Ri-i-i-ing! It’s the school recess bell! The black-topped fare of jump rope awaits!
It’s a passionate exercise for girls who are not allowed to climb the jungle gym to burn off energy from morning math and reading. It’s the day of the dress or skirt worn to ‘be a lady’ and exercise the mind only in the shiny wood-and-steel desks.
It’s not fair, you know, but the norm of the day is often not, grown-ups solemnly said then as now. Who supplied the rope and began the refrains of rhyme and rhythm, I no longer recall nor do I remember how it was determined who turned the rope and for how long. There was certain fairness, arbitrated by adult recess watchers, I’m sure, for I do recall that there was only one rope for our 4th grade cluster of girls and everyone participated.
It was a team yet individual sport. It was difficult to practice at home, so you just ‘went in’ and jumped. It was too fast for envy and too rapid for planning. It was just ‘go!’ until you stumbled. And, if you stumbled, you got a black-top greeting you wouldn’t forget!
I do recall the continuous thwap as the rope twirled and tapped the black-top. Thwap! Thwap! Thwap! Can you hear it, too, just that cadence and intensity?!
I don’t remember who named the games or tallied the count of the jumps and I doubt if we combed our hair or considered the unkempt turn of a collar. Such cares were in the future when boys would be fundamental. For now we were escaping the bounds of schoolwork cares at recess and the focus was in the muscles of the jump, jump, jump.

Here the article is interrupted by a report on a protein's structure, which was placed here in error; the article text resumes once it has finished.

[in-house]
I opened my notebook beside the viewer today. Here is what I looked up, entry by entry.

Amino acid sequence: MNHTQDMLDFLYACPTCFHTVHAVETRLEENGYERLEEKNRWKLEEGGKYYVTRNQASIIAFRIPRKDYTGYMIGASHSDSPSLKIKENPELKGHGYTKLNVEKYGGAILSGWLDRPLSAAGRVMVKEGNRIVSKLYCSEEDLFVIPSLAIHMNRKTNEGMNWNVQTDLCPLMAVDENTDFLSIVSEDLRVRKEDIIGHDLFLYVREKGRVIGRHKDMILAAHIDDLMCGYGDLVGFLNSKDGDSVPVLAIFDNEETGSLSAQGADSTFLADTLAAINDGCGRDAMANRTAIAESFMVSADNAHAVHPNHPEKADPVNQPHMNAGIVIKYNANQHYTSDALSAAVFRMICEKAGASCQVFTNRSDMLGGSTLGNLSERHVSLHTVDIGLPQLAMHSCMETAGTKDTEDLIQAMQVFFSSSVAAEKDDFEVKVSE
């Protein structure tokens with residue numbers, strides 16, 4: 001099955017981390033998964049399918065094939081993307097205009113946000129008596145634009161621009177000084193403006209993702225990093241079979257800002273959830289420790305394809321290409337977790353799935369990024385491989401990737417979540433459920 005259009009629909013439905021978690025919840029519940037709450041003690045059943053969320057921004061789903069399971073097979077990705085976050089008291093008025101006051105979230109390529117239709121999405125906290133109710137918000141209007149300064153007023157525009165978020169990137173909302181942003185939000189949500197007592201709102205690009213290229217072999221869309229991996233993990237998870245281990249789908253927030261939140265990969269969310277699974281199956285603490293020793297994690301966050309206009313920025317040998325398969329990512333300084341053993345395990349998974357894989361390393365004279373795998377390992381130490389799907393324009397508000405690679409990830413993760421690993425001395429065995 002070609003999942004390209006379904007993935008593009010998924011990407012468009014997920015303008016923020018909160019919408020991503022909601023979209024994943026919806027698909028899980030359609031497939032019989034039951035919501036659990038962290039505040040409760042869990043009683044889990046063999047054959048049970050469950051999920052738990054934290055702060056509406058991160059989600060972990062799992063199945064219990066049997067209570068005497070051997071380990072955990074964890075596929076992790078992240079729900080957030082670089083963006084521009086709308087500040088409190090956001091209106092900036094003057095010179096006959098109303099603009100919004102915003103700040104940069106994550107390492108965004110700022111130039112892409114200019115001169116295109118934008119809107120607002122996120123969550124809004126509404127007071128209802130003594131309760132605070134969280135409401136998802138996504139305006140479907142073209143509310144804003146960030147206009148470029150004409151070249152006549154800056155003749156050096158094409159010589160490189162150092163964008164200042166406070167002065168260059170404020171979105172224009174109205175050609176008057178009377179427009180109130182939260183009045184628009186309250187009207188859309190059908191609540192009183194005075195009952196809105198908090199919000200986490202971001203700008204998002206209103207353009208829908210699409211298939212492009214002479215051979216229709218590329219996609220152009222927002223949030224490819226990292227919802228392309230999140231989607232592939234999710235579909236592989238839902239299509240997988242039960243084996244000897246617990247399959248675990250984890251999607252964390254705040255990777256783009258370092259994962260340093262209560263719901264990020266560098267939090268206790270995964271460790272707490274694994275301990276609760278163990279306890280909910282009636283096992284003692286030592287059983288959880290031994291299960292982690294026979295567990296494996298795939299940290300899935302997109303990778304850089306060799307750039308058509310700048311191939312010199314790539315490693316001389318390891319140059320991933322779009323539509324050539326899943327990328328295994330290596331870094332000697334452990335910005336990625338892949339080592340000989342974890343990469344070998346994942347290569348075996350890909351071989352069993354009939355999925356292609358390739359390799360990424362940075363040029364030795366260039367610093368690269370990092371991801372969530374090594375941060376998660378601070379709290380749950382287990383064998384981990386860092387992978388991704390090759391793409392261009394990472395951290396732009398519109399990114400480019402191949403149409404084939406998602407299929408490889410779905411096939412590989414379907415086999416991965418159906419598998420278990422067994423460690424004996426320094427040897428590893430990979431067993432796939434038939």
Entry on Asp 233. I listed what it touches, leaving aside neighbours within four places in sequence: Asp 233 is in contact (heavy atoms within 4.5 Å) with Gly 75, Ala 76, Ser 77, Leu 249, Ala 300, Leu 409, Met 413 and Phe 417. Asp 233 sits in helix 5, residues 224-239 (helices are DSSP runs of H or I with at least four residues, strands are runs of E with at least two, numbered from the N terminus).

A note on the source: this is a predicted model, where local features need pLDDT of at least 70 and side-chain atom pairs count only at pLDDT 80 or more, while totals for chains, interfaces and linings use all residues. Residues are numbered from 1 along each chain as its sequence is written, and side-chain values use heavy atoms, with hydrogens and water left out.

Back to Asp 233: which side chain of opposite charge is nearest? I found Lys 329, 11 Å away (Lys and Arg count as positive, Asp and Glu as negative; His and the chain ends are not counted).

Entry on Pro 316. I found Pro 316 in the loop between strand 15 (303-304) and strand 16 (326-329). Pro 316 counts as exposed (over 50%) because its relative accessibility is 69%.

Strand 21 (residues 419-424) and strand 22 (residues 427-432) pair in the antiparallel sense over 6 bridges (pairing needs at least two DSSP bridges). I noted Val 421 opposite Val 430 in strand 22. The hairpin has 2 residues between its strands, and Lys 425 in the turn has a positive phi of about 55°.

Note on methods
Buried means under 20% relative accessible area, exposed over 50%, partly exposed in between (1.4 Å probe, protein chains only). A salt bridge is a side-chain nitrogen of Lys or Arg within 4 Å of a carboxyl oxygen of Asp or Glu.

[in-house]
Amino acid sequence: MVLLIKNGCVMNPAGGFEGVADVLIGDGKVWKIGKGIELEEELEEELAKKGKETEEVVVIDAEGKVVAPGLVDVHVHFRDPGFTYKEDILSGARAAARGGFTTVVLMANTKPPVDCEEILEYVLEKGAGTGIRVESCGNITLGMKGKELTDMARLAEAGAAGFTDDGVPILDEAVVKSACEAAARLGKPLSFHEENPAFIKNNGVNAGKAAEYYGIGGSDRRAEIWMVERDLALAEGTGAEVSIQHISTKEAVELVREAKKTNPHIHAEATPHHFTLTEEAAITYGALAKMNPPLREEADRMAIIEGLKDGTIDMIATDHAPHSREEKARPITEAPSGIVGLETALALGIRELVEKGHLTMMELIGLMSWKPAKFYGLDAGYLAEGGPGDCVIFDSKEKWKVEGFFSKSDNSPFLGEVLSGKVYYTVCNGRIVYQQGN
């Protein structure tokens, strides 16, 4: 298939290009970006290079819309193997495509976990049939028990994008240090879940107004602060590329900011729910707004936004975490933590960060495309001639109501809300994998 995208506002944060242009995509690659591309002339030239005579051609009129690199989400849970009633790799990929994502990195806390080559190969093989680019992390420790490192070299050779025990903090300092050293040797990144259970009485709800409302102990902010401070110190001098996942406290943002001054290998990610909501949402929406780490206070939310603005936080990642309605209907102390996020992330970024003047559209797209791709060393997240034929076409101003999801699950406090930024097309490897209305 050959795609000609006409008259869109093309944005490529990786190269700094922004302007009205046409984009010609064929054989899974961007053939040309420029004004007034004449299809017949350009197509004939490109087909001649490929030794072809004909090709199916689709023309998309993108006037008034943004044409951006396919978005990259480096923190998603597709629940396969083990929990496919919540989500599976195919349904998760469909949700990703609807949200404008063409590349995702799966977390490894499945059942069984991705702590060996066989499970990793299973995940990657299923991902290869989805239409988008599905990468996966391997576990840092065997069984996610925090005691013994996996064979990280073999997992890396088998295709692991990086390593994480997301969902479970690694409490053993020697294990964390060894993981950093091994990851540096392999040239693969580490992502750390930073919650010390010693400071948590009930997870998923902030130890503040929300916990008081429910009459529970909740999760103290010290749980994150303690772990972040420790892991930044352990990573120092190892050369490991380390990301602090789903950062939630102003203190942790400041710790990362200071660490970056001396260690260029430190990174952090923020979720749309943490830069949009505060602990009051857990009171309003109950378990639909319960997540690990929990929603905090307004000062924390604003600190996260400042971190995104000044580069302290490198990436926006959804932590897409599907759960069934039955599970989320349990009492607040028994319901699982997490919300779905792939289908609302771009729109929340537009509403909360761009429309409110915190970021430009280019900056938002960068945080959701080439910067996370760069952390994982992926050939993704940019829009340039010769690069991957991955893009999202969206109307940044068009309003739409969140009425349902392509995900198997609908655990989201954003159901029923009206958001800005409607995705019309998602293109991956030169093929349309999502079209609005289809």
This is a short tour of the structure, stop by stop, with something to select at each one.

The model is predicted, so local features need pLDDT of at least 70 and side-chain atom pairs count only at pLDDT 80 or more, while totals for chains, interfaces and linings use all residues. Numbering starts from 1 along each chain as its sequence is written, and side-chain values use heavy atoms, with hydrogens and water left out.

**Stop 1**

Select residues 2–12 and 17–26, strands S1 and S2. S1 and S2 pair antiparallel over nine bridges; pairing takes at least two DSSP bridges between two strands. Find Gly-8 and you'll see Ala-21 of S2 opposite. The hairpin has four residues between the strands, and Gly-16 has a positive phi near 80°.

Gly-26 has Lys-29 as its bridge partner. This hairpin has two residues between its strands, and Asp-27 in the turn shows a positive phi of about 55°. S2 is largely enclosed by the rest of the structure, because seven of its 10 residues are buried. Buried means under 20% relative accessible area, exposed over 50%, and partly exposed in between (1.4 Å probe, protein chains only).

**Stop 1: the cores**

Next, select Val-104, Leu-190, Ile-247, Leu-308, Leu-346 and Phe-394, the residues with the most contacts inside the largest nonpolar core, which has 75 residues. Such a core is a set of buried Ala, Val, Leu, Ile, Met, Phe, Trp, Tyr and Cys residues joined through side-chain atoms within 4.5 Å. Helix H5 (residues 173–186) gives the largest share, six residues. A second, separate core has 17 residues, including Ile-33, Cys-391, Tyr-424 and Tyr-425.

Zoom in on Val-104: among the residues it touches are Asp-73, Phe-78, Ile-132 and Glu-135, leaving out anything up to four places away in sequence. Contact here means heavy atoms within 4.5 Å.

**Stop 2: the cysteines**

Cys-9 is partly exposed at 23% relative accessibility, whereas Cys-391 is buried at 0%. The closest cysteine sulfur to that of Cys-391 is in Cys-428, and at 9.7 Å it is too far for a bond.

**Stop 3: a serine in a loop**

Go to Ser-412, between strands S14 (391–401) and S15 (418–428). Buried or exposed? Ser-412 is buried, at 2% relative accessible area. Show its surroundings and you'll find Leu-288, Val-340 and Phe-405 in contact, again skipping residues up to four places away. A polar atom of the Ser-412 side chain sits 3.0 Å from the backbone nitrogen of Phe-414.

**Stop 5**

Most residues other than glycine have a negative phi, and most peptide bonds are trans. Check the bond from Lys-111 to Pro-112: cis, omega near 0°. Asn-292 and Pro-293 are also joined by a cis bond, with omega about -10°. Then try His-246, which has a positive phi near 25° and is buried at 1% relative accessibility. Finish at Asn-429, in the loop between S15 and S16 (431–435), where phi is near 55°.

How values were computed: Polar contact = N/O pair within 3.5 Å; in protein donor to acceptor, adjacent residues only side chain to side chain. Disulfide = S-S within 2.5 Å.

I do recall the anticipation, the elation, and the soft thud of the crepe-soled saddle shoes. Oh, how my mother mourned the quickly worn-down soles of those shoes that fall and I think that that’s how my jump-roping career ended. In her budget-conscious fretting, I am certain that I was shut out before snow fell and safety issues mounted. It probably happened before I had to consider how to keep the white toes white and the laces clean, too.
Oh, my – the worn soles of the saddle shoes, worn fashionably on the first day of school as desired, but thrown away by Thanksgiving.
Oh, my! Knees can heal with a band-aid and a kiss, but there is not monetary band-aid or a kiss for shoes that were loved to early demise at recess.
Oh my! There is not a way to heal the loss of youth, there is only sweet remember.